After TikTok CEO Shou Zi Chew wrote a letter to nine GOP senators who had questioned whether TikTok employees had access to data from U.S. users. Sen. Marsha Blackburn (R-TN) demanded that TikTok testify before Congress.
The letter from the GOP senators was prompted by a Buzzfeed report centered on leaked audio from internal TikTok meetings. That report included 14 statements from nine different TikTok employees “indicating that engineers in China had access to US data between September 2021 and January 2022, at the very least,” Buzzfeed reported, adding that the information from those employees countered a TikTok executive’s sworn testimony before the U.S. Senate that a “world-renowned, US-based security team” decided who got access to this data.”
“Statements by eight different employees describe situations where US employees had to turn to their colleagues in China to determine how US user data was flowing,” Buzzfeed wrote. “US staff did not have permission or knowledge of how to access the data on their own, according to the tapes.”
“‘Everything is seen in China,’ said a member of TikTok’s Trust and Safety department in a September 2021 meeting,” Buzzfeed claimed.
TikTok CEO Shou Zi Chew countered that the Buzzfeed report “contains allegations and insinuations that are incorrect and are not supported by facts.”
The senators asked in their letter, “Is it true that TikTok employees located in China currently have, or had in the past, access to U.S. user data?”
“Employees outside the U.S., including China-based employees, can have access to TikTok user data subject to a series of robust cybersecurity controls and authorization approval protocols overseen by our U.S. based security team,” Chew answered.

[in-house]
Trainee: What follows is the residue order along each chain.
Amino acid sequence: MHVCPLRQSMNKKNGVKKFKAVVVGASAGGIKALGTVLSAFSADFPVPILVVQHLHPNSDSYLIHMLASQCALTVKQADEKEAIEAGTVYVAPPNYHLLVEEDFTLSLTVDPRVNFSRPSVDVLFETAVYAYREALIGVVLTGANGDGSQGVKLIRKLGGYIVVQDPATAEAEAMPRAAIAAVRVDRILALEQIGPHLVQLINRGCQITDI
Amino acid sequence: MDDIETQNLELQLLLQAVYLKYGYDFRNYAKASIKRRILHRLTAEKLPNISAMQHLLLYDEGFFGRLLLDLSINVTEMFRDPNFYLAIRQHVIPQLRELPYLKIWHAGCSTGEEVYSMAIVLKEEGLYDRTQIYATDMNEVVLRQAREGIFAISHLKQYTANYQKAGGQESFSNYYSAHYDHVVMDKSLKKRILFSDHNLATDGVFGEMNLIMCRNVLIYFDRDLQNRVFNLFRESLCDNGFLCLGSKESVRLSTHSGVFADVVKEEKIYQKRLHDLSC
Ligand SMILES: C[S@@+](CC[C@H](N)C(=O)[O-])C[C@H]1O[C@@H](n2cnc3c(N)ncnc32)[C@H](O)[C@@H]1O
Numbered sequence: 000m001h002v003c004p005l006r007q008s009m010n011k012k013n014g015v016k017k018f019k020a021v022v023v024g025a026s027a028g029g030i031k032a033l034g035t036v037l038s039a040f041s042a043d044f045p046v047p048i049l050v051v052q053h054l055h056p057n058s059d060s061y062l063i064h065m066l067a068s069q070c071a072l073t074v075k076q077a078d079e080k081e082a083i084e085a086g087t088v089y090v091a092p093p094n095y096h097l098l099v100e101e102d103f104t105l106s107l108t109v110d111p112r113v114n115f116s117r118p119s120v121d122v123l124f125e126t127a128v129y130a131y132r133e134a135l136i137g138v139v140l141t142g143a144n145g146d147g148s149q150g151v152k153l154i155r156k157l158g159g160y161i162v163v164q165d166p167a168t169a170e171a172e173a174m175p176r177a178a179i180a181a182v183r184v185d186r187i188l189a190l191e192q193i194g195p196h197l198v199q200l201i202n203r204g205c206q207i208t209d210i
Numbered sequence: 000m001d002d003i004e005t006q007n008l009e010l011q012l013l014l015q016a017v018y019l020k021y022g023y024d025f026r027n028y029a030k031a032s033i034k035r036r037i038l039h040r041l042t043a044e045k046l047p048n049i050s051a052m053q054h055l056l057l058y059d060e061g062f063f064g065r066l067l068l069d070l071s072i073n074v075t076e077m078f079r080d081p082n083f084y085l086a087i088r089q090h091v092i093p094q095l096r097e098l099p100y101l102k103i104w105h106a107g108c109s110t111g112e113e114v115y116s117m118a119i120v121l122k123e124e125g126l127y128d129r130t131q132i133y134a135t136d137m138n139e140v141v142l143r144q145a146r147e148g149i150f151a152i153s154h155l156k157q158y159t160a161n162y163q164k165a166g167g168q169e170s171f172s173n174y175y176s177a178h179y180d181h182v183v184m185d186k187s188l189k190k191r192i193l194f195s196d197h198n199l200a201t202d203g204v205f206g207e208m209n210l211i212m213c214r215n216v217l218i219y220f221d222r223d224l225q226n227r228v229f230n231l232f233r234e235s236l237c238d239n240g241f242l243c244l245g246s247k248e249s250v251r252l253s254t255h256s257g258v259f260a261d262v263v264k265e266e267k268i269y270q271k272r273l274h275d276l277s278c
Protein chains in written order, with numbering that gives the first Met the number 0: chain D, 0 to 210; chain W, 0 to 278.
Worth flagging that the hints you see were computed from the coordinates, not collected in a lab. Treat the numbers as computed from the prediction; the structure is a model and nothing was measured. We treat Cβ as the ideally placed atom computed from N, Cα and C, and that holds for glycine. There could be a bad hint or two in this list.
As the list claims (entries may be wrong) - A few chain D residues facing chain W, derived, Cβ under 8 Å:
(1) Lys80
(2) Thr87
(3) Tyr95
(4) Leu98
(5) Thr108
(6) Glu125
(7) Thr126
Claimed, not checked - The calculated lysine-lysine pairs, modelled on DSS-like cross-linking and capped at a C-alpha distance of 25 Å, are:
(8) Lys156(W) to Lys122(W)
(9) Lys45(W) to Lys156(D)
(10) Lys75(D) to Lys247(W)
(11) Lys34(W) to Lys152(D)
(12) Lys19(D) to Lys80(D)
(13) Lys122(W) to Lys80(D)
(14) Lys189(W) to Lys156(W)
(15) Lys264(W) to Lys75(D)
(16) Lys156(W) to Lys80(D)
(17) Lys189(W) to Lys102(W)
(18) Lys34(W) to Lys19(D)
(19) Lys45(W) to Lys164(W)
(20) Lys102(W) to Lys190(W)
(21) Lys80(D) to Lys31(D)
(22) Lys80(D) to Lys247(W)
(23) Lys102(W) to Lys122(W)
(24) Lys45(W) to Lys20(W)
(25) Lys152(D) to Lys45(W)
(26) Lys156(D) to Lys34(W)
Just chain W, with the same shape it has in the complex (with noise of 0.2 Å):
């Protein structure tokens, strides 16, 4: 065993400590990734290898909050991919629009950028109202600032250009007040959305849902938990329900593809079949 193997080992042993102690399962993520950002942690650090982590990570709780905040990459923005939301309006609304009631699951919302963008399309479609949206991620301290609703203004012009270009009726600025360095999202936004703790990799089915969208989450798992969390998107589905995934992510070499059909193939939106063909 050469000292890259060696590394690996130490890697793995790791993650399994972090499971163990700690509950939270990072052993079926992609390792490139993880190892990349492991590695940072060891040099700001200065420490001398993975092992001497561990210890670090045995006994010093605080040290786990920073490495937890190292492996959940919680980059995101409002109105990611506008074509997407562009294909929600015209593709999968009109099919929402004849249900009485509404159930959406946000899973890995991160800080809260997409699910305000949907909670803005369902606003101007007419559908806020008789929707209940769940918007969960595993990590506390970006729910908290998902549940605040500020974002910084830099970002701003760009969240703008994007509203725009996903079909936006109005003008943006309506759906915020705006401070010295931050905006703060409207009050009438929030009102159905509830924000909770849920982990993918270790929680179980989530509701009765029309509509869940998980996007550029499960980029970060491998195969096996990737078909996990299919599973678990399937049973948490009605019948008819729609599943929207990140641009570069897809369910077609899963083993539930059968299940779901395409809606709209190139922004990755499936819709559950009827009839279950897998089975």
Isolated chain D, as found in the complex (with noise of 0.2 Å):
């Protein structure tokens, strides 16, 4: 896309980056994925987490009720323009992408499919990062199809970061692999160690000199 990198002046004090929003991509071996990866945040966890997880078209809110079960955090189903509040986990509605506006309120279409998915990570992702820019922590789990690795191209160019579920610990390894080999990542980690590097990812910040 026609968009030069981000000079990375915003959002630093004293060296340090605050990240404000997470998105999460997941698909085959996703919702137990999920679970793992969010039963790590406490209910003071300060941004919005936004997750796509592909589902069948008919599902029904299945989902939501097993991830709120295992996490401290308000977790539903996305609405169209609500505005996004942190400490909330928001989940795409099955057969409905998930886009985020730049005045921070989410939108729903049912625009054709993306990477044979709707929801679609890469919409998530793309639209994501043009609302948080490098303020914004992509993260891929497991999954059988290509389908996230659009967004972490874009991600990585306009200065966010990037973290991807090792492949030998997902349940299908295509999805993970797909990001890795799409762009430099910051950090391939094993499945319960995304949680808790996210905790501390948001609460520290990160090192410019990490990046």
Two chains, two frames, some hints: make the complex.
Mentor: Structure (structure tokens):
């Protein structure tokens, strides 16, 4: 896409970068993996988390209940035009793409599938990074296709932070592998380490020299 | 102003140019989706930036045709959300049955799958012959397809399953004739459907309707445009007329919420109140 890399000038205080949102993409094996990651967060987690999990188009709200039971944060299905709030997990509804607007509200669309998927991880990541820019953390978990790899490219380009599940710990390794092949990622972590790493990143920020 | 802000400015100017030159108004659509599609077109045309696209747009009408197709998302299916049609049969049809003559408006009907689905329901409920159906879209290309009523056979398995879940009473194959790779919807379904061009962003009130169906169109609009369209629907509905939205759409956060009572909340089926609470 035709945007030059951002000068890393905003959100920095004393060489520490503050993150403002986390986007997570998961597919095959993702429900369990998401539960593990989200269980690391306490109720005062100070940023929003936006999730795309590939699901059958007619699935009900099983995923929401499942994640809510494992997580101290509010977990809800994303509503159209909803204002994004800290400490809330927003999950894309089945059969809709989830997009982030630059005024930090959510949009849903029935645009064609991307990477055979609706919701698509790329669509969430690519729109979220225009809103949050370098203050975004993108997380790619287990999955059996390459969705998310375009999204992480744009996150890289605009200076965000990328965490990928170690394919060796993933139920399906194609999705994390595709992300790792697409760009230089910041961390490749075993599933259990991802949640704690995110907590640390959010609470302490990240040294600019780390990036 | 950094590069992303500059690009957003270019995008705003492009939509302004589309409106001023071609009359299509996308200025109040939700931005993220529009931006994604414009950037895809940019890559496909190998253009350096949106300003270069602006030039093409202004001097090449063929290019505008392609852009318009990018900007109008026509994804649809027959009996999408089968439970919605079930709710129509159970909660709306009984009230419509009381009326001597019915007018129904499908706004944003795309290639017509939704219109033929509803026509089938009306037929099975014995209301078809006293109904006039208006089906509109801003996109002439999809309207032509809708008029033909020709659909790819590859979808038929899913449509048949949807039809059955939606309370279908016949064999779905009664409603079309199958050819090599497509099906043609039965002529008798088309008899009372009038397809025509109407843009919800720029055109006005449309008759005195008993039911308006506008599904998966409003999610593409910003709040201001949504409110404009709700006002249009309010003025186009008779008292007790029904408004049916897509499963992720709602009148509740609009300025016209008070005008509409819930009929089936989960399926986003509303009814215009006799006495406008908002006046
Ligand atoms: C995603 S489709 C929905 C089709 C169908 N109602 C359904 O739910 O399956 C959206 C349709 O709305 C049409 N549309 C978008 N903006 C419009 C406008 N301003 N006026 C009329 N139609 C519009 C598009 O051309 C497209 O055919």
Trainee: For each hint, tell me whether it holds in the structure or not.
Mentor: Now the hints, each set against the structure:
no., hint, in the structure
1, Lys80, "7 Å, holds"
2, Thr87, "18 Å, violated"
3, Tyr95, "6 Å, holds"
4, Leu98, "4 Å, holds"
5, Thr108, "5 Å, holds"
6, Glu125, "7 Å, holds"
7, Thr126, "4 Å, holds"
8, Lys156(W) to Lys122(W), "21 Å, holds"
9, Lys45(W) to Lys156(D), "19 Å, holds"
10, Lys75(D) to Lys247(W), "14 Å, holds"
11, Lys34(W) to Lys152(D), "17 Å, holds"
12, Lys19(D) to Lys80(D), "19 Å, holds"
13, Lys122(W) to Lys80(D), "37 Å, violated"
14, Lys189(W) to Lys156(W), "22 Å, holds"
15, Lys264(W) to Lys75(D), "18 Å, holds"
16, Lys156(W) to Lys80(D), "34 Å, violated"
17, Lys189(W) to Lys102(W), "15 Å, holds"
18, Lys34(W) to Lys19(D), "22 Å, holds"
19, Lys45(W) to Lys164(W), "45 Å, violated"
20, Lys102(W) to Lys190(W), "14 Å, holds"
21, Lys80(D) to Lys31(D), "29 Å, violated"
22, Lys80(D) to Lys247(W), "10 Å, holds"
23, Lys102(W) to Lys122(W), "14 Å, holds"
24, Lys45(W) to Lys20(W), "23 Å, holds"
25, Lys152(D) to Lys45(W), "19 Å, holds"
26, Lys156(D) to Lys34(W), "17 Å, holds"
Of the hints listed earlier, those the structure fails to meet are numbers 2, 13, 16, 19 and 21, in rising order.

“If the Chinese Communist Party asked you for U.S. user data, what is to stop you from providing it? Can the CCP compel you to provide this data, regardless of response? Can they access it regardless of response?” the senators asked.
NBC News noted, “Chew only partially addressed these questions in his letter, writing, ‘We have not been asked for such data from the CCP. We have not provided U.S. user data to the CCP, nor would we if asked.’”
“TikTok’s response confirms that our fears regarding [Chinese Communist Party] influence within the company are well-founded,” Blackburn told NBC News. “They should have come clean from the start but instead tried to shroud their work in secrecy. Americans need to know that if they are on TikTok, Communist China has their information. TikTok needs to come back and testify before Congress.”